Baltimore Oriole
November 3, 2022

Always around Mother’s Day the Oriole’s migrate through and start to look for

their favorite food, oranges. They are a beautiful orange and black bird. The

female bird call is a high pitched short or a high-pitched flutelike sound. The male

has more of a whistling tone.

Mother’s Day in Wisconsin means spring is here, and the garden is coming alive.

The birds are singing and busy building their nests.

Years ago, I bought a special wire feeder for the Oriole’s which accommodates

two orange halves. Always just before Mother’s Day, I pull out the feeder and buy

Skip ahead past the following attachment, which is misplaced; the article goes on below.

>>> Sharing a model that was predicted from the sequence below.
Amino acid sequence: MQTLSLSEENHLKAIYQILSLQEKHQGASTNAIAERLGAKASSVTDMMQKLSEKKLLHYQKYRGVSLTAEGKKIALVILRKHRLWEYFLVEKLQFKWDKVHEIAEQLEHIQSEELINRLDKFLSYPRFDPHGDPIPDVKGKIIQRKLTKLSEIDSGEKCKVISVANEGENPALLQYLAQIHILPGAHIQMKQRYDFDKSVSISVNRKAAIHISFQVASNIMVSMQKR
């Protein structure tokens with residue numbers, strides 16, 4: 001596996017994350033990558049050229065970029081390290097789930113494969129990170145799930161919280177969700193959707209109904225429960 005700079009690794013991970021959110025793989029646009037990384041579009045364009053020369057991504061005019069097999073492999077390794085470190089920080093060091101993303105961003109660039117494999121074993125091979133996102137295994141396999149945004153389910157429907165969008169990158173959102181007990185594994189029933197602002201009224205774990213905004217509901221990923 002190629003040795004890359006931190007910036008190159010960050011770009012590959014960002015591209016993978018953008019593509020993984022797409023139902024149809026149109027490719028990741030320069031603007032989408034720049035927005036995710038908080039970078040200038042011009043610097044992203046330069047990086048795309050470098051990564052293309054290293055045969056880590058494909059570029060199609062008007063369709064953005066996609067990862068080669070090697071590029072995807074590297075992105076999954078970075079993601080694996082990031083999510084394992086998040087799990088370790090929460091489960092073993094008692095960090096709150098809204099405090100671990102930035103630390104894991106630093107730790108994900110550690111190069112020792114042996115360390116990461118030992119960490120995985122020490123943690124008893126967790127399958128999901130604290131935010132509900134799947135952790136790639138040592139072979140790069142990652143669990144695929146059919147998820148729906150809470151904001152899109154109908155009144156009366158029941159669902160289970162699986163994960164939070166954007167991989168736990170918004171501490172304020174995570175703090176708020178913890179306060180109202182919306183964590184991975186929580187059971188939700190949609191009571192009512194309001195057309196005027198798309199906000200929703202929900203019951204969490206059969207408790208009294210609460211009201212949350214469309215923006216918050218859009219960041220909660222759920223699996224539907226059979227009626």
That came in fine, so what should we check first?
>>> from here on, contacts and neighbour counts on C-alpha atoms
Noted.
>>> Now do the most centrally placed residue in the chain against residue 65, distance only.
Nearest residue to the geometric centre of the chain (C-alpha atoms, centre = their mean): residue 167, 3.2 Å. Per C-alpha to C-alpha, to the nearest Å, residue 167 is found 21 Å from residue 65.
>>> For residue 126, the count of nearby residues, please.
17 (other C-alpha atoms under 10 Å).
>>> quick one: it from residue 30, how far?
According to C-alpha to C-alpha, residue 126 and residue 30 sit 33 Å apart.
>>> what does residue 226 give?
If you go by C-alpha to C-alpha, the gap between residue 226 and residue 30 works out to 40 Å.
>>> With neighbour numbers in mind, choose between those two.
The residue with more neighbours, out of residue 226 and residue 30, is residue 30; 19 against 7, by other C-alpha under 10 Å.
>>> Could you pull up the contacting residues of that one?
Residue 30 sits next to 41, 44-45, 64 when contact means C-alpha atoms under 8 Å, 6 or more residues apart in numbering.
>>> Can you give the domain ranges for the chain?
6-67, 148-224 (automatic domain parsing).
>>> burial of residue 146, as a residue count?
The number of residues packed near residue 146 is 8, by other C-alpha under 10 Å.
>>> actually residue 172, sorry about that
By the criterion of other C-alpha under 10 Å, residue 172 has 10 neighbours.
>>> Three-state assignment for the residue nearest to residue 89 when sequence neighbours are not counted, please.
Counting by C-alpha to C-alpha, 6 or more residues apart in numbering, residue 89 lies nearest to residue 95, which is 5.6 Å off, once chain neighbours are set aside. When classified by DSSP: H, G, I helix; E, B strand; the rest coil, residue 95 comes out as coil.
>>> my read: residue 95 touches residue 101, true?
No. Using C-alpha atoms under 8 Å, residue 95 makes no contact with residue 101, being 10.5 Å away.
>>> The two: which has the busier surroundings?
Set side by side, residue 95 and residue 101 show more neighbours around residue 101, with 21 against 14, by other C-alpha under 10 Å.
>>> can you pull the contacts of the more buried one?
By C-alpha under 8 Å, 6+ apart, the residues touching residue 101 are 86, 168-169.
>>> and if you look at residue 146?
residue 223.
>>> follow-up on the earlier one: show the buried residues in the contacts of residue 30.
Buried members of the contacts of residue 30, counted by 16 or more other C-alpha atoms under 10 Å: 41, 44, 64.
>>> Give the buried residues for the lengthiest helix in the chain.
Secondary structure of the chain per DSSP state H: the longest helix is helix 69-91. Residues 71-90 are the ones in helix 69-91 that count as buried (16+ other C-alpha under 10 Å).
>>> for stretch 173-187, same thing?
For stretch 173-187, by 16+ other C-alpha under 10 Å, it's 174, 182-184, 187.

some oranges. I cut one in half and put it in the feeder on the porch. And

wait. After a few days they do show up and they are soooooo pretty.

Watch when the adult birds disappear for about three to four weeks. This usually

means their babies have hatched and they are busy feeding them. After the one

month break from feeding them you should start putting out oranges, sugar

water and grape jelly. This breed of bird is very private about rearing its young.

If you are lucky, you will get to see their young. The babies are not as bright

orange as the adult males. They are more yellow than orange on their chest and

their wing feathers are more brown than black.

My husband and I enjoy watching the birds and look forward to seeing them

every year.